Even before Tennessee became a state, cartographers began mapping the region, noting the native American settlements, rivers, and mountains. Later maps offer a window on the state’s growth, showing the development of counties and major transportation routes.
The Special Collections department of the UT Knoxville Libraries has an extensive historic map collection that concentrates on Tennessee and contiguous states. Tennessee Alumnus shows you a sampling here. The map collection is available for viewing. For information, e-mail email@example.com or call 865-974-4480.
Cherokee Country (1762)
This 1762 map of Cherokee Country includes Fort Loudon and “Enemy Mountains.” The map was the work of Henry Timberlake, a cartographer from Virginia. During the time Timberlake spent with the Cherokee, he befriended several chiefs. At lower left is a list of chiefs’ names and “the number of fighting men they send to war.”
Cherokee Nation (1760)
Names of towns and rivers are included on the 1760 map of the Cherokee Nation, thought to have been produced in London. The areas shown are in Southeast Tennessee, North Carolina, and Georgia.
Guthrie’s Geography (1794)
A map of Tennessee Government, issued in 1794, two years before Tennessee became a state, includes Knoxville and Nashville and details the region’s waterways. The map was produced for Carey’s American edition of Guthrie’s Geography.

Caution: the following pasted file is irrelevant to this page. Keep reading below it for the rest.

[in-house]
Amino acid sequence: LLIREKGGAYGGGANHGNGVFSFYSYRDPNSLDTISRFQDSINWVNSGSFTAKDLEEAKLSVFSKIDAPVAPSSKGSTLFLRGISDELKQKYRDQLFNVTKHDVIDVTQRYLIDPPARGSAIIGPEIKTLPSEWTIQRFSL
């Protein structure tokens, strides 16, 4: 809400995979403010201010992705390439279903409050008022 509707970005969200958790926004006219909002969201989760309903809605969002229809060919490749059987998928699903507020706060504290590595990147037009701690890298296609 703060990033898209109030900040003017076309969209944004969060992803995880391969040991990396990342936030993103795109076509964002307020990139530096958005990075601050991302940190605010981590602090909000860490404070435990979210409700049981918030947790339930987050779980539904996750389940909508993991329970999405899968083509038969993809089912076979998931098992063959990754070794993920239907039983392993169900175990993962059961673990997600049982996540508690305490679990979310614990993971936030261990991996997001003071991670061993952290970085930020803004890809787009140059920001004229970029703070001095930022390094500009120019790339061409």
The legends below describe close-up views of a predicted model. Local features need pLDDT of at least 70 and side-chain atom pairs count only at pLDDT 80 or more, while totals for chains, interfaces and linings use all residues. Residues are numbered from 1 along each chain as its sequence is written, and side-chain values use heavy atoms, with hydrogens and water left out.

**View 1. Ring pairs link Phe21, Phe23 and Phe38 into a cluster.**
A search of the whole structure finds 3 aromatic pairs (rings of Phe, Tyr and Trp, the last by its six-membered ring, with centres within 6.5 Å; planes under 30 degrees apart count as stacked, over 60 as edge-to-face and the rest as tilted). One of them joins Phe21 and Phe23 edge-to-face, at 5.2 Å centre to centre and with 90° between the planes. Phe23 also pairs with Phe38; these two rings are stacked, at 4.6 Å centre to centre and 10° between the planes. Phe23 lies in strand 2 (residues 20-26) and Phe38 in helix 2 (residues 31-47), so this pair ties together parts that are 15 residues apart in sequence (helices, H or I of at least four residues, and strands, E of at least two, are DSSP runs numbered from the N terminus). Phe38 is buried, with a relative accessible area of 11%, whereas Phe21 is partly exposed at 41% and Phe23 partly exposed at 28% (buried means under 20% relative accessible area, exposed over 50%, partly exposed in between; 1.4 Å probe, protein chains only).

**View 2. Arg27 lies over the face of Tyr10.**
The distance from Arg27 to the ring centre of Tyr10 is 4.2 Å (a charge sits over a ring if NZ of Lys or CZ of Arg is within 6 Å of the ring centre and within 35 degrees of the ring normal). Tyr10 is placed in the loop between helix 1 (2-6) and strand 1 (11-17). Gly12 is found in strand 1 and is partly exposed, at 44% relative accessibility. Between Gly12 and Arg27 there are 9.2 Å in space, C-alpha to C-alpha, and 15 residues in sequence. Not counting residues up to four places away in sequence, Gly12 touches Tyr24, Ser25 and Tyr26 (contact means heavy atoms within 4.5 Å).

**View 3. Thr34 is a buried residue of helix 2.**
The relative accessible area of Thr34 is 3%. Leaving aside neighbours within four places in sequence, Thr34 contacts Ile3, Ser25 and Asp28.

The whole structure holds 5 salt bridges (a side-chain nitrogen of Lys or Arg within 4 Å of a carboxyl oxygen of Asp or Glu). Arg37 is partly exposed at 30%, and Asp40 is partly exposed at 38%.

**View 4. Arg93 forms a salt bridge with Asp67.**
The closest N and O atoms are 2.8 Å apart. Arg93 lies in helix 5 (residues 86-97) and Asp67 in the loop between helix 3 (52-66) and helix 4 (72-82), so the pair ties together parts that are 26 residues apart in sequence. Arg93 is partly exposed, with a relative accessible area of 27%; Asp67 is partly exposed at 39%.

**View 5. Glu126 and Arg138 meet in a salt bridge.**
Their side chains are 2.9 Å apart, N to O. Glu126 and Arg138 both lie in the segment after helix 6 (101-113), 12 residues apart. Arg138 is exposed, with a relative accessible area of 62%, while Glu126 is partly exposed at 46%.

Tennessee Towns (1814)
4) This 1814 map shows many towns for the first time.
Thomas, Cowperthwait & Co. (1850)
5) Insets of Nashville and Knoxville highlight this 1850 map by Thomas, Cowperthwait & Co. Distances from place to place along stage and steam boat routes are shown.
Harper’s Weekly (1862)
6) This Civil War–era map from Harper’s Weekly (February 22, 1862) shows the theater of war in West Tennessee.
Young and Delleker (1831)
7) Engraved by Young and Delleker, this 1831 map shows Tennessee’s counties much as they exist today. In Southeast Tennessee, note the area that had been returned to the Cherokee Indians from Monroe and McMinn counties.